Palatable: Eyewitness

Eyewitness (1981)
Directed by Peter Yates
Written by Steve Tesich
Produced by Peter Yates, Kenneth Utt
Starring William Hurt, Sigourney Weaver, Christopher Plummer, James Woods, Steven Hill, Morgan Freeman, Pamela Reed, Kenneth McMillan, Irene Worth, Albert Paulsen, Keone Young, Chao Li Chi, Alice Drummond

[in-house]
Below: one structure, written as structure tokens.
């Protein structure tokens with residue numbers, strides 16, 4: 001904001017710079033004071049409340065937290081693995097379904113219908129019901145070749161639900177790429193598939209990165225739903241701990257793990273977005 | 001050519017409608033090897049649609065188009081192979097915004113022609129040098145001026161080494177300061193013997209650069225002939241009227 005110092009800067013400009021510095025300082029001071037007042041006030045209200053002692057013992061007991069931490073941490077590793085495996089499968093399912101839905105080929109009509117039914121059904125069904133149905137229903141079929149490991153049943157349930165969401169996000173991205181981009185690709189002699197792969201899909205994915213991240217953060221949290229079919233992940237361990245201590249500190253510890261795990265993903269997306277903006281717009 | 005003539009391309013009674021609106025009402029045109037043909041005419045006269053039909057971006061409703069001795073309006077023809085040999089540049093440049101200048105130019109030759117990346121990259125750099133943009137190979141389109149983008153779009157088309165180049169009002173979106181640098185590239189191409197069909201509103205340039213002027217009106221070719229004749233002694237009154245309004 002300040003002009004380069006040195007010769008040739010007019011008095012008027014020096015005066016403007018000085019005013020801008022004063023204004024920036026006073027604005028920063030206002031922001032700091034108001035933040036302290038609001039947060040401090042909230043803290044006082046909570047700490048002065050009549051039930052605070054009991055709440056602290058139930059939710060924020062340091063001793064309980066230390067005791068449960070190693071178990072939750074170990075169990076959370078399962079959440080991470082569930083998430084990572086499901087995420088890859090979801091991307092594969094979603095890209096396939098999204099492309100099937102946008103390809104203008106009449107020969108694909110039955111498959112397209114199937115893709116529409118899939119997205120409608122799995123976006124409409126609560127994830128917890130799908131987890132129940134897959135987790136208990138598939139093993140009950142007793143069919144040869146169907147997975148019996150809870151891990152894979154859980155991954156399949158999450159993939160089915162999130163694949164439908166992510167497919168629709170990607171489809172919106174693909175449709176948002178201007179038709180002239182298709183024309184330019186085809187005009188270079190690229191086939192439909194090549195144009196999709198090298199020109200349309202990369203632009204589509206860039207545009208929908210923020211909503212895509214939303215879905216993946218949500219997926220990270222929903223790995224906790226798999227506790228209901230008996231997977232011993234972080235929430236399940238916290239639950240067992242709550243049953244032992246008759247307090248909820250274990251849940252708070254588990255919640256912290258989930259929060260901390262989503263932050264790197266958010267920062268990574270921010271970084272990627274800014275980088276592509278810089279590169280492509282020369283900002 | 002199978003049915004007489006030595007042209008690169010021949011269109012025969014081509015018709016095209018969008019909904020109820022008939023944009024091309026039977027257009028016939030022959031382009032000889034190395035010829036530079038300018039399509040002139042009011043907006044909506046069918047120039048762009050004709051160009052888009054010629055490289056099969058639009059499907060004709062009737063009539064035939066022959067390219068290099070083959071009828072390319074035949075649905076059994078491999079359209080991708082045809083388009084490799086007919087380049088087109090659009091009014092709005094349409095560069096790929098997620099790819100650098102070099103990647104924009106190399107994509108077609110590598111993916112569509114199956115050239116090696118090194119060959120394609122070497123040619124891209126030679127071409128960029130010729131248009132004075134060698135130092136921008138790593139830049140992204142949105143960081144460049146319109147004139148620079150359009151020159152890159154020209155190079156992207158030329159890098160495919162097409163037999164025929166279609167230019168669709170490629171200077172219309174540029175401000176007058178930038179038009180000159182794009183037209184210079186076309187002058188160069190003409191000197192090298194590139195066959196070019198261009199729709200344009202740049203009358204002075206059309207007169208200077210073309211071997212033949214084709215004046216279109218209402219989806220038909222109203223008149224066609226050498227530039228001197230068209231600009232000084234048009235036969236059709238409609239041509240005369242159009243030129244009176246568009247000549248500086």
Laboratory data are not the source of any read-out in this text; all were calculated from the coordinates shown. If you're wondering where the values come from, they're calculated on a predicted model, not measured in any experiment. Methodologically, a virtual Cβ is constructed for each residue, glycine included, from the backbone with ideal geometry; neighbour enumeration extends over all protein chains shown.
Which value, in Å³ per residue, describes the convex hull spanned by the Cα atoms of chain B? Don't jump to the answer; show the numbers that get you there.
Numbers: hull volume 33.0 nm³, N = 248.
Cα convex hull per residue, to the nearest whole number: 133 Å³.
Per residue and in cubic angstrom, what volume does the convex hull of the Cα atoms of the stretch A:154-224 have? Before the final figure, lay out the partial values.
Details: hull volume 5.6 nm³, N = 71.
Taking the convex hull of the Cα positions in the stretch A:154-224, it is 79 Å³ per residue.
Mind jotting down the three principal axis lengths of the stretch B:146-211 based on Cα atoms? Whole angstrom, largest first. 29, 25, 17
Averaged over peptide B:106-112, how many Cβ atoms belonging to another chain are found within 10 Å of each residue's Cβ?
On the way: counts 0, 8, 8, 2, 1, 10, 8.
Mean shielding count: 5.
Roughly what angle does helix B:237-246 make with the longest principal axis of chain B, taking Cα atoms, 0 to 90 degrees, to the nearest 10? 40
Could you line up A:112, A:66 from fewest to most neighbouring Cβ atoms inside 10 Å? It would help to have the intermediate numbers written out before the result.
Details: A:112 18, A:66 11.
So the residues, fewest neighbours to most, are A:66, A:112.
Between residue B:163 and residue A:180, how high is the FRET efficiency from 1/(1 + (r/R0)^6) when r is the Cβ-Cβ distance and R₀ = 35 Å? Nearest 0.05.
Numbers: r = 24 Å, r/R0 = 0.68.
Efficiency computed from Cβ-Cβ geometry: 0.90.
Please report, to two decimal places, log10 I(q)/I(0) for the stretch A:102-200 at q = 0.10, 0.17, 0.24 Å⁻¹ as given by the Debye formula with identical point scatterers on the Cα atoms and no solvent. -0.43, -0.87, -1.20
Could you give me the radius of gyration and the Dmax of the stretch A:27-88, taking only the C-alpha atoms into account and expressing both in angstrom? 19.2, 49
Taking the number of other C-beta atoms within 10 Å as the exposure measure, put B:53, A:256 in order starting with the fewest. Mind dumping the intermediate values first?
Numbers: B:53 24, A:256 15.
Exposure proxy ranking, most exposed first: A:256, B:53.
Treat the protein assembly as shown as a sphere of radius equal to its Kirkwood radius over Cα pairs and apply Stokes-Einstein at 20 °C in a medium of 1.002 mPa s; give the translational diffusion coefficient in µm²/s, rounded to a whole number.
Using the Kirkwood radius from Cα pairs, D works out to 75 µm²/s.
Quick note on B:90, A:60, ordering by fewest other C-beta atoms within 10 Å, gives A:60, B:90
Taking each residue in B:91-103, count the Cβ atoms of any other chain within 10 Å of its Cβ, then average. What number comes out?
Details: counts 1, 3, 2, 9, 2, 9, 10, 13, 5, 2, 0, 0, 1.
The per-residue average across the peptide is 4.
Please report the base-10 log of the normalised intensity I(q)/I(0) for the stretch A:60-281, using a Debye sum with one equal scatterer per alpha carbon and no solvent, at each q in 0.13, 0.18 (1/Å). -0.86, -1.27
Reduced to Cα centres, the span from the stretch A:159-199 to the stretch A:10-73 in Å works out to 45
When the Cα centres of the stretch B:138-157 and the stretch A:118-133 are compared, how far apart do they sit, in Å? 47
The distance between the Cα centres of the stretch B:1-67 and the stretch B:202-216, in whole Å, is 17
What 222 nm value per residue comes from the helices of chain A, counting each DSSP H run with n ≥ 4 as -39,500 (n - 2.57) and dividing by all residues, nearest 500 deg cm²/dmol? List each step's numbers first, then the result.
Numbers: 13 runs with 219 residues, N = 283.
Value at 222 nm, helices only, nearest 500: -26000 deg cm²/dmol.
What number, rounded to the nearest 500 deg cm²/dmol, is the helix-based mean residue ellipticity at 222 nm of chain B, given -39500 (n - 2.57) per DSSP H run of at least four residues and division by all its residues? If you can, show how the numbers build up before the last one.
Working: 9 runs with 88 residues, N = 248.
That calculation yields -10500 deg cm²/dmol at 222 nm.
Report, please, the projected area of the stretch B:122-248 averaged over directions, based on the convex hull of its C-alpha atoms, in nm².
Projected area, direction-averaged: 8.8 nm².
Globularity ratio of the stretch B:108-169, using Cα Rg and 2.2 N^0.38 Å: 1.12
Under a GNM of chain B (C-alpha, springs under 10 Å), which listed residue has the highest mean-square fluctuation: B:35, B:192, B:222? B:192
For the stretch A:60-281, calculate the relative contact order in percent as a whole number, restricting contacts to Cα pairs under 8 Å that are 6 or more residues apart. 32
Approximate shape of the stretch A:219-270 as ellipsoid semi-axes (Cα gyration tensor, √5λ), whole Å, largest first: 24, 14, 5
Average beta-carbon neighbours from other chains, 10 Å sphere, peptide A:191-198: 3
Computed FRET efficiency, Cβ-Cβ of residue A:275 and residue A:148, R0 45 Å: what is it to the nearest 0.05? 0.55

Burdened by supernumerary character development, Yates’s and Tesich’s second coaction after Breaking Away doesn’t quite compass its potential as a murder mystery or a romance. A janitor (Hurt) employed at a palatial office building reports the murder of a businessman (Chi) who’d leased an office therein to two cynical detectives (Hill, Freeman), who correctly suspect his maniacal buddy (Woods) of means, motive and opportunity. Their case is complicated by the unsophisticated custodian’s incomplete disclosure — recounted first to them, then to a fetching news reporter and chamber pianist (Weaver), who’s enticed by the prospect of breaking a story that’s closer to home than she imagined. Tesich’s story is timely and absorbing, but his script’s plagued by his zeal to humanize nearly every single character with at least one deepy personal, expository monologue or discourse — all of which are delivered so well by Yates’s eximious ensemble that one almost doesn’t notice this superfluous sentiment. Singly fresh from Altered States and Alien, Hurt and Weaver effortlessly inhabit proper parts with charm and conviction, but their shortage of chemistry does nothing to make their amorous developments seem any more probable. Woods hyperactively betokens some of his best work to come as the volatile Vietnam vet who drives the plot. Most notable for its population of established and ascending stars, this one almost hits its mark, and almost satisfies.